Appalachia Profiles of Mountain People

Mountain Folk – Mary Lou McKillip

The first time I ever met Mary Lou McKillip she was telling a story about an old hound dog. She had my rapt attention from beginning to end. As she told the story, in my mind I pictured a few of Papaw’s hunting dogs like Smokey and Old Blue. I knew right then Mary Lou would be a perfect person to interview.

Mary Lou was born on April 13, 1942. With a hearty laugh she told me she was born Indian style-at home. She said “they would have at least sent for the doc but there was a big snow on the ground.” Since Mary Lou was the youngest of 14 children, I’m sure her Mother knew enough to handle things on her own anyway.

Several months after I first met her, I sat down with Mary Lou and her husband Truman to ask her a few questions.

What are the biggest differences you see between the days of your childhood and today?

Oh I would say tv and the other material things children have today. Of course when I was a child most folks lived on a farm and that meant chores for everyone in the family even the children. There were hogs, chickens, and cows to tend too. I never mastered ringing necks nor milking either one. Even with the work we had lots of fun too. We had a bingo game most every Saturday night and people would come together to play and visit. Every 4th of July everyone would take a picnic down to the river. Mother had a lard bucket with a hole cut in it to cook with. Family and neighbors would play horse shoes and eat together.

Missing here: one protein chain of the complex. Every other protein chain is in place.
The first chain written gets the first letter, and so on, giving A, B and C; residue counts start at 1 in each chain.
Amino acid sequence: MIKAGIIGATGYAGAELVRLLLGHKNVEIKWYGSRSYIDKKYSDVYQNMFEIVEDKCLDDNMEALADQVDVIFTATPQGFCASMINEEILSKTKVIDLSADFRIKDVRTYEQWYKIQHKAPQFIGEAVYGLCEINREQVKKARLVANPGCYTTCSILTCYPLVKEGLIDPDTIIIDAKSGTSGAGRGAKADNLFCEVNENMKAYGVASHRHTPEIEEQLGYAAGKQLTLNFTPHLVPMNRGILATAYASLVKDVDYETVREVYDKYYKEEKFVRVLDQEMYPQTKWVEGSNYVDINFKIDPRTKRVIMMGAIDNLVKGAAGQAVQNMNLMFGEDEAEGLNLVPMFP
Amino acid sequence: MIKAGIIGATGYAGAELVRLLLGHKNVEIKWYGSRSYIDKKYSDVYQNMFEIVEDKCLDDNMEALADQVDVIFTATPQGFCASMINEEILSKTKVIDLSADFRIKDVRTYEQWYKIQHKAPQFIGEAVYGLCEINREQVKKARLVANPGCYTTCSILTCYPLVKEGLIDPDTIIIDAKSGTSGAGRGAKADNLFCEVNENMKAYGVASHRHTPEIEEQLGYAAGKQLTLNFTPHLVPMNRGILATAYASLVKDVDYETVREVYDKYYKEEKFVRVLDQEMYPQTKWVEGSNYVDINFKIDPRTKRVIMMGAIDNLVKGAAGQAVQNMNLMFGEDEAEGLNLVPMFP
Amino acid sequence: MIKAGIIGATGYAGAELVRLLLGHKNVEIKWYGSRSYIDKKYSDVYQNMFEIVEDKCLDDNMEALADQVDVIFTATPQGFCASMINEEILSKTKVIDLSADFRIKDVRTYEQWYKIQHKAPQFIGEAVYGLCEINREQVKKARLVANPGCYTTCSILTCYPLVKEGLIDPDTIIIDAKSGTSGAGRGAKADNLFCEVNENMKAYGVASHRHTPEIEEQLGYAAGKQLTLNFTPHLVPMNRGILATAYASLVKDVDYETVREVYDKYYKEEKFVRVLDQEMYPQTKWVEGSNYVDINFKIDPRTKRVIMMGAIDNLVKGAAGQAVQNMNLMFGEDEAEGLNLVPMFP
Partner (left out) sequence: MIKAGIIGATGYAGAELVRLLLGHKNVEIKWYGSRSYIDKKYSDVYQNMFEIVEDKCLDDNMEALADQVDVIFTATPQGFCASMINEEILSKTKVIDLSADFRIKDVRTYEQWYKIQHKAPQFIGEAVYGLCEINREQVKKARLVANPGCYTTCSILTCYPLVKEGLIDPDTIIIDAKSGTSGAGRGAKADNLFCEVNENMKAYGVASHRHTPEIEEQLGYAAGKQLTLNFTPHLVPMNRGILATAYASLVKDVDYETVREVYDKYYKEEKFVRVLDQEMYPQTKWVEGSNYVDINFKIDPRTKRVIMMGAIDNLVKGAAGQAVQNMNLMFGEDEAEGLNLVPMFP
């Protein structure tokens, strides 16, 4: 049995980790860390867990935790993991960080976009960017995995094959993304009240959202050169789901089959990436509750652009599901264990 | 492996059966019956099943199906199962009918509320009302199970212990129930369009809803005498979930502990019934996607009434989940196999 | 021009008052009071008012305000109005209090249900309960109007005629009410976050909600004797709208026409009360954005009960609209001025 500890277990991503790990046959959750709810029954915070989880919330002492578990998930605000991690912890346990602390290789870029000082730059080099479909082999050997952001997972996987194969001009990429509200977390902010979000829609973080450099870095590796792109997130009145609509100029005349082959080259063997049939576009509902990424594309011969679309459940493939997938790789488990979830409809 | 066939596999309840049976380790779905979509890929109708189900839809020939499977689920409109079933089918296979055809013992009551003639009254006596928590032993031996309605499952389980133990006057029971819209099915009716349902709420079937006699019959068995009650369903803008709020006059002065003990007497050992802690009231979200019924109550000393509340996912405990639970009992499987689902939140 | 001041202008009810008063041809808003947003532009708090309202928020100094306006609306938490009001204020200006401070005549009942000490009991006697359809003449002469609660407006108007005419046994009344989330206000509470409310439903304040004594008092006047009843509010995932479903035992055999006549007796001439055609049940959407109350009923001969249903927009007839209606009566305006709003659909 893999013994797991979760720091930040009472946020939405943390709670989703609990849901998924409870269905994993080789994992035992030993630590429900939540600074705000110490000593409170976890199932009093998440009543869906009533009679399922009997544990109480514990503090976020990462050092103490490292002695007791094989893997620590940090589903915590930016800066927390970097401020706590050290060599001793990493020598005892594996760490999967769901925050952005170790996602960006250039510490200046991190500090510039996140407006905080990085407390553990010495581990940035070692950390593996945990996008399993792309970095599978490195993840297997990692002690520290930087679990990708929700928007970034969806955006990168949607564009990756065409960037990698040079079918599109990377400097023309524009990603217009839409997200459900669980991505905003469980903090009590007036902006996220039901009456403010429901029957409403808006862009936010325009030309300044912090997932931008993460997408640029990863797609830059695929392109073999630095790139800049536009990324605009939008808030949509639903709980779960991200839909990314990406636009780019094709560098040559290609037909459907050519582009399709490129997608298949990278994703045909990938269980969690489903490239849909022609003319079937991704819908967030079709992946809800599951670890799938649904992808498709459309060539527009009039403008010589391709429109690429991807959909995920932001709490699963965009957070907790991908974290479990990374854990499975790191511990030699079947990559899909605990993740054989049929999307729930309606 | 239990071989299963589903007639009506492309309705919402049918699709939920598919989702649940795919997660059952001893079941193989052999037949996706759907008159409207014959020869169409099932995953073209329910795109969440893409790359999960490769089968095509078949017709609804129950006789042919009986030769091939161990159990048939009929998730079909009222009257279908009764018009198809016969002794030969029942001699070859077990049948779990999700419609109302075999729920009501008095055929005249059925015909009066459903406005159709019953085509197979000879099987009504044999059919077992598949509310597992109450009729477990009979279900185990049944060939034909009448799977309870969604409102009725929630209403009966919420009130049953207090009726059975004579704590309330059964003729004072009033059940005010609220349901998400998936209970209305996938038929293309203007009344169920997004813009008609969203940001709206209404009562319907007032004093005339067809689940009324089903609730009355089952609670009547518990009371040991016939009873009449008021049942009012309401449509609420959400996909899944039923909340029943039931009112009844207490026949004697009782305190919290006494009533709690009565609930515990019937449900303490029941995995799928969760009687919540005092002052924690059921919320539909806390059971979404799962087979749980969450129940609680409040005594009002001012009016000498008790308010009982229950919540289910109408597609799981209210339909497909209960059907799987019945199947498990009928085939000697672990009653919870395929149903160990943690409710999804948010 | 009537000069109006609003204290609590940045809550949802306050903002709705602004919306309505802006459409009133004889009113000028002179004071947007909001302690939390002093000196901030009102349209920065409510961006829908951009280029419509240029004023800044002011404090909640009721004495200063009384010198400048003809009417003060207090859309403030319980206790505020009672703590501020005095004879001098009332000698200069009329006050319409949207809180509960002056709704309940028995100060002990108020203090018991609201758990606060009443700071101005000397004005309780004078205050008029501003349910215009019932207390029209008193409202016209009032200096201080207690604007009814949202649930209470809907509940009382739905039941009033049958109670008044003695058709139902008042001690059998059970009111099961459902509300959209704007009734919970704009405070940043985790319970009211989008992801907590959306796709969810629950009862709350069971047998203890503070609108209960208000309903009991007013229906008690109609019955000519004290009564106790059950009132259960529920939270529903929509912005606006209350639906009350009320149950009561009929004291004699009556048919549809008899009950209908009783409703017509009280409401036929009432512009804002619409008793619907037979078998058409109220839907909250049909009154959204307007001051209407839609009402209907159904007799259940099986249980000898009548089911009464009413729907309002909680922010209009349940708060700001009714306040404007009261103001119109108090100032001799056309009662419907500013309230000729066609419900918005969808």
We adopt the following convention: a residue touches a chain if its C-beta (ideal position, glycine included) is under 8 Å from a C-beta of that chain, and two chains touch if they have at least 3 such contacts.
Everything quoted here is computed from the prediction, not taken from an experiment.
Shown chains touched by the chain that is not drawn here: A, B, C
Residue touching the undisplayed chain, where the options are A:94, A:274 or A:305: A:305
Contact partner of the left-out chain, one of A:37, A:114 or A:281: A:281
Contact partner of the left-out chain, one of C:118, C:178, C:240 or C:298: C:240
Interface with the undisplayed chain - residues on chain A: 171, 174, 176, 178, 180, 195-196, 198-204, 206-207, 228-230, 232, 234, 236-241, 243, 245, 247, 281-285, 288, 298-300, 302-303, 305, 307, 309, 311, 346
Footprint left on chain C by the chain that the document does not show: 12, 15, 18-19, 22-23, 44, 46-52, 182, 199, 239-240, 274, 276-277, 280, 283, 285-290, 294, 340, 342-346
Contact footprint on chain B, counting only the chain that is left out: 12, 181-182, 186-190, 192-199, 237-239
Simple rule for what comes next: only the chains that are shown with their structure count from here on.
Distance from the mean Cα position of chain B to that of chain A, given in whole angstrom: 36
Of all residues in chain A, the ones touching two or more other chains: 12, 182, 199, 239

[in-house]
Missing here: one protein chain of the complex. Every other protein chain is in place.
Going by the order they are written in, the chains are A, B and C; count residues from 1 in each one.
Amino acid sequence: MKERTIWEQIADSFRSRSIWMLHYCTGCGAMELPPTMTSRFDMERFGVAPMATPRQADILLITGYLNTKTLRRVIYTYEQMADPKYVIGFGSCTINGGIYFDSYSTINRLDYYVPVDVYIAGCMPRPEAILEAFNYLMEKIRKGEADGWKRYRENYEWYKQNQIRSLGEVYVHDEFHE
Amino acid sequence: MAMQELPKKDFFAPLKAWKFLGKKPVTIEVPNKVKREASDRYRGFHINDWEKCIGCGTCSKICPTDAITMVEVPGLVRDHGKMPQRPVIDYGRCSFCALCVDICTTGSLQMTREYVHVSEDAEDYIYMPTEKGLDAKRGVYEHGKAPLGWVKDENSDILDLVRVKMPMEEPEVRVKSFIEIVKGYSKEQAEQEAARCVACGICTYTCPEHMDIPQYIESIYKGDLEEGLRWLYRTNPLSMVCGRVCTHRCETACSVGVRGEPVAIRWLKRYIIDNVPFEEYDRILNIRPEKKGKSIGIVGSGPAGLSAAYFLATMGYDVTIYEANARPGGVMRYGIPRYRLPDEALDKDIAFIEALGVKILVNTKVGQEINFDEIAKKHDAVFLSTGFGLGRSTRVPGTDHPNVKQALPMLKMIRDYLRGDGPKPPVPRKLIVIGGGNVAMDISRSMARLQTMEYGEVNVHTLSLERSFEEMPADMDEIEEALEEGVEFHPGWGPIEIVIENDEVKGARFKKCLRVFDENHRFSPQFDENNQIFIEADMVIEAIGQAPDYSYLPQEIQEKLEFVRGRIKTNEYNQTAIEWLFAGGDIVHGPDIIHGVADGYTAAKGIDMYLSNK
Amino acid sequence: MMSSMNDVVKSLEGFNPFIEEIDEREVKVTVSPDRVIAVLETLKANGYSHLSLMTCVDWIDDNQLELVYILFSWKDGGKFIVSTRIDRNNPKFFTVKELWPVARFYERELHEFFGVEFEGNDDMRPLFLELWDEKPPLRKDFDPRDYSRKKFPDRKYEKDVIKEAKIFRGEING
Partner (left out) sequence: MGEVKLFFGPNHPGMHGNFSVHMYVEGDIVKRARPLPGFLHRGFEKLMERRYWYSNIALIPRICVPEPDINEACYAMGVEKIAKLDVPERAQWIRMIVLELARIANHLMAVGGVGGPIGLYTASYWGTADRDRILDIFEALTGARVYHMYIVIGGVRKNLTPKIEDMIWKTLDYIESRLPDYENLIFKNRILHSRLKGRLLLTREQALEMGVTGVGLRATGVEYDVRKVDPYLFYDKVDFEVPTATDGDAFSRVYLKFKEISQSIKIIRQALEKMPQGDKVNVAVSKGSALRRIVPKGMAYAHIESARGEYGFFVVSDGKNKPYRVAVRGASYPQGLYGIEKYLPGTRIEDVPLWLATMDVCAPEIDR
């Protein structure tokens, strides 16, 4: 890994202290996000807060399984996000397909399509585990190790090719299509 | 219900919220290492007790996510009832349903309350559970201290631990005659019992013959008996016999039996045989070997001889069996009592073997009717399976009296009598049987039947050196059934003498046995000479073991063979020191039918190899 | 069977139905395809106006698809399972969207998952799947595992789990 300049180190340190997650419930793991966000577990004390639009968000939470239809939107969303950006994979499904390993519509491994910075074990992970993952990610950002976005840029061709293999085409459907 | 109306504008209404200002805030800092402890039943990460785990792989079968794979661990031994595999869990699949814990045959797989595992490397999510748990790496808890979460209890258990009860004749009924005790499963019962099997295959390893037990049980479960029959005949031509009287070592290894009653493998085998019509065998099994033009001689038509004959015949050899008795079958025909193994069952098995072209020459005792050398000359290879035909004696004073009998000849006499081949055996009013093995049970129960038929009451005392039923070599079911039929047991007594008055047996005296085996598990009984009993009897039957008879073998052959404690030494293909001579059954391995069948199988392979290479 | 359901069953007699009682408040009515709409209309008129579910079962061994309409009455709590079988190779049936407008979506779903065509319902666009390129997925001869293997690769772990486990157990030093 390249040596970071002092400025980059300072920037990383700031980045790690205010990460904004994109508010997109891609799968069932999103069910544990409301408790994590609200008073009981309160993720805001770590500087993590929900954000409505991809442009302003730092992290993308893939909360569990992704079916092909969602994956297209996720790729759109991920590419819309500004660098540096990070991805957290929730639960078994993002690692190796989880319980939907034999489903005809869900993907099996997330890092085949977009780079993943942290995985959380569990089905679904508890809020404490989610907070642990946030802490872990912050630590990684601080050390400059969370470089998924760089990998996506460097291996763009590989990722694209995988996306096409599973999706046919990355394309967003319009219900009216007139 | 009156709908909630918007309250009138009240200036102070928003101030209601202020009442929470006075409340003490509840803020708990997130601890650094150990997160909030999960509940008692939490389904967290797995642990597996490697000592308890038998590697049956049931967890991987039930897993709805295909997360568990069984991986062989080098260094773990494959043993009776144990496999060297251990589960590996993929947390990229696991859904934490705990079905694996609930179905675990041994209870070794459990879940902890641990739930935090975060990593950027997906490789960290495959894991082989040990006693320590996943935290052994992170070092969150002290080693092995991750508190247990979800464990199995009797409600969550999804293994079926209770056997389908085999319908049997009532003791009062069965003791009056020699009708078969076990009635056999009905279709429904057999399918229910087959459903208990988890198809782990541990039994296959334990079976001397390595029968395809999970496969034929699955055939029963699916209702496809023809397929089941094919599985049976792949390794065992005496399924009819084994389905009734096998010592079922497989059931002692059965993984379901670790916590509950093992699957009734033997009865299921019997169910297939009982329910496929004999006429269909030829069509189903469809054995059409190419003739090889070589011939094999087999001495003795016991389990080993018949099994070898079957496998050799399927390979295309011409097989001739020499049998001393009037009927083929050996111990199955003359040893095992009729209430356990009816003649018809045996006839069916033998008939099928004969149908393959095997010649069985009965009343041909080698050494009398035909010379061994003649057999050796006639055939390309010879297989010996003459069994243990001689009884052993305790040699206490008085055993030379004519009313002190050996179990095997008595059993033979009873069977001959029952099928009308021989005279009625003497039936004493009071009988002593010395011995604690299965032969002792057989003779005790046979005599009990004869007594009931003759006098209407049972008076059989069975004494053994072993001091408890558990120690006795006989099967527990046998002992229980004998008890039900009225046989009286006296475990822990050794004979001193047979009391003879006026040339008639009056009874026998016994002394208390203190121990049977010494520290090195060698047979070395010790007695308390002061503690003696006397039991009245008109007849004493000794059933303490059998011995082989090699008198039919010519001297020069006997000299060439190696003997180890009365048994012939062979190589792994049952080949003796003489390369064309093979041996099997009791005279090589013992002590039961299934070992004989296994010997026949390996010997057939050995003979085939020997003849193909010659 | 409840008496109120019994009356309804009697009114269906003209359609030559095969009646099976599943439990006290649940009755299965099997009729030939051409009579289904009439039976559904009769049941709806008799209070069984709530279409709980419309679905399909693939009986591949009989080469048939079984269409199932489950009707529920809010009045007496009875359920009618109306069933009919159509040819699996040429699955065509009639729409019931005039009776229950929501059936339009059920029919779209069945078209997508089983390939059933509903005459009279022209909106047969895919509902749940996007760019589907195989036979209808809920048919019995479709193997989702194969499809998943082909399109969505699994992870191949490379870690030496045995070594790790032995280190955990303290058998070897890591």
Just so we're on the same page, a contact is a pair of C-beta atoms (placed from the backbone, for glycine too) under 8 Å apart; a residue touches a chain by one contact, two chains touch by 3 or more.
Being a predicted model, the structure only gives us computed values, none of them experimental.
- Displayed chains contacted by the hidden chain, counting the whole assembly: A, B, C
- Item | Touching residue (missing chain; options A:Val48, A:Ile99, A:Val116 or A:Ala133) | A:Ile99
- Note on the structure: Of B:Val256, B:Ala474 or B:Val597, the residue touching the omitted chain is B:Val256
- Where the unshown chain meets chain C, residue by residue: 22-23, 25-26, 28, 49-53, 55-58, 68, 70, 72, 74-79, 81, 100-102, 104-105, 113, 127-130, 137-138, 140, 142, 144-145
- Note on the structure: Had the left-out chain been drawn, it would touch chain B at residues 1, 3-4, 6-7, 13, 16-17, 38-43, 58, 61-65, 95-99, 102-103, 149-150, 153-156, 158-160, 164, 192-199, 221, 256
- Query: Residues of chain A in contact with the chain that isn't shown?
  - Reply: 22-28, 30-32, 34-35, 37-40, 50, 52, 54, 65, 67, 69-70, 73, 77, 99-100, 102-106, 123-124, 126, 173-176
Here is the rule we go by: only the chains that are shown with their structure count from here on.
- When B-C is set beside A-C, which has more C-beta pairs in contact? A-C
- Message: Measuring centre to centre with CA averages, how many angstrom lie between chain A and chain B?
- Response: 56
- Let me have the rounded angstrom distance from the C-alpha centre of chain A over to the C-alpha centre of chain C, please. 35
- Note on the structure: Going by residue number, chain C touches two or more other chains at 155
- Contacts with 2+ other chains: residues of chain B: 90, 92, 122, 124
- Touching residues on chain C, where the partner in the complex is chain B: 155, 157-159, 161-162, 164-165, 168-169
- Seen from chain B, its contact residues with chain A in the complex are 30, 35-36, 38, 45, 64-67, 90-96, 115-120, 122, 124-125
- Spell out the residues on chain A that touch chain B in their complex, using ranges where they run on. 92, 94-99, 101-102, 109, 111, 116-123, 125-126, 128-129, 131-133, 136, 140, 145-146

Seems like you told me you were the youngest of a large group of siblings?

Yes there was 7 girls and 7 boys-The Lord’s number on both counts. I was the baby of the family. A lot of the older ones were married and gone from home long before I came along. I was a little spoiled since they knew I’d for sure be their last one. My Father doted on me and couldn’t really bear to punish me. One time Mother was going to give me a whipping and I run and climbed up the apple tree to get away. My Father was sent to get me down and finish the job. He got me down but that was the end of the whipping.

Don’t you play the piano?

Yes I’ve been playing since I was 13 years old. My family was very musical. My Mother played the organ. I’ve been singing since I was just a child in Mother’s arms. One of the tales they told about me was me singing and Mother’s trying to quiet me by putting her hand over my mouth. I just kept right on singing through her hand.

Is there a memory that stands out in your mind that you’d like to tell me about?

Ever since I was big enough to know what it was I wanted to go to school. One day I was out playing in the yard and I slipped off from Momma and went to school. I had memorized a little book called Bright Eyes. The teachers all thought I could read! Of course they soon found out I couldn’t and that I wasn’t old enough to be there. But even though I wasn’t enrolled they let me come to school the rest of that year.

Can you tell us anything about the current events of the time-what sort of things were going on in this area when you were a child?

Mother and Father had 5 sons and 3 son-n-laws in WWII so that made a big impact on our daily lives. Of course most families had loved ones in the war. You could hear people praying on the surrounding ridge tops, praying for God to spare their sons, praying for the war to end. I remember the joy we felt as the end of the war was announced on the radio.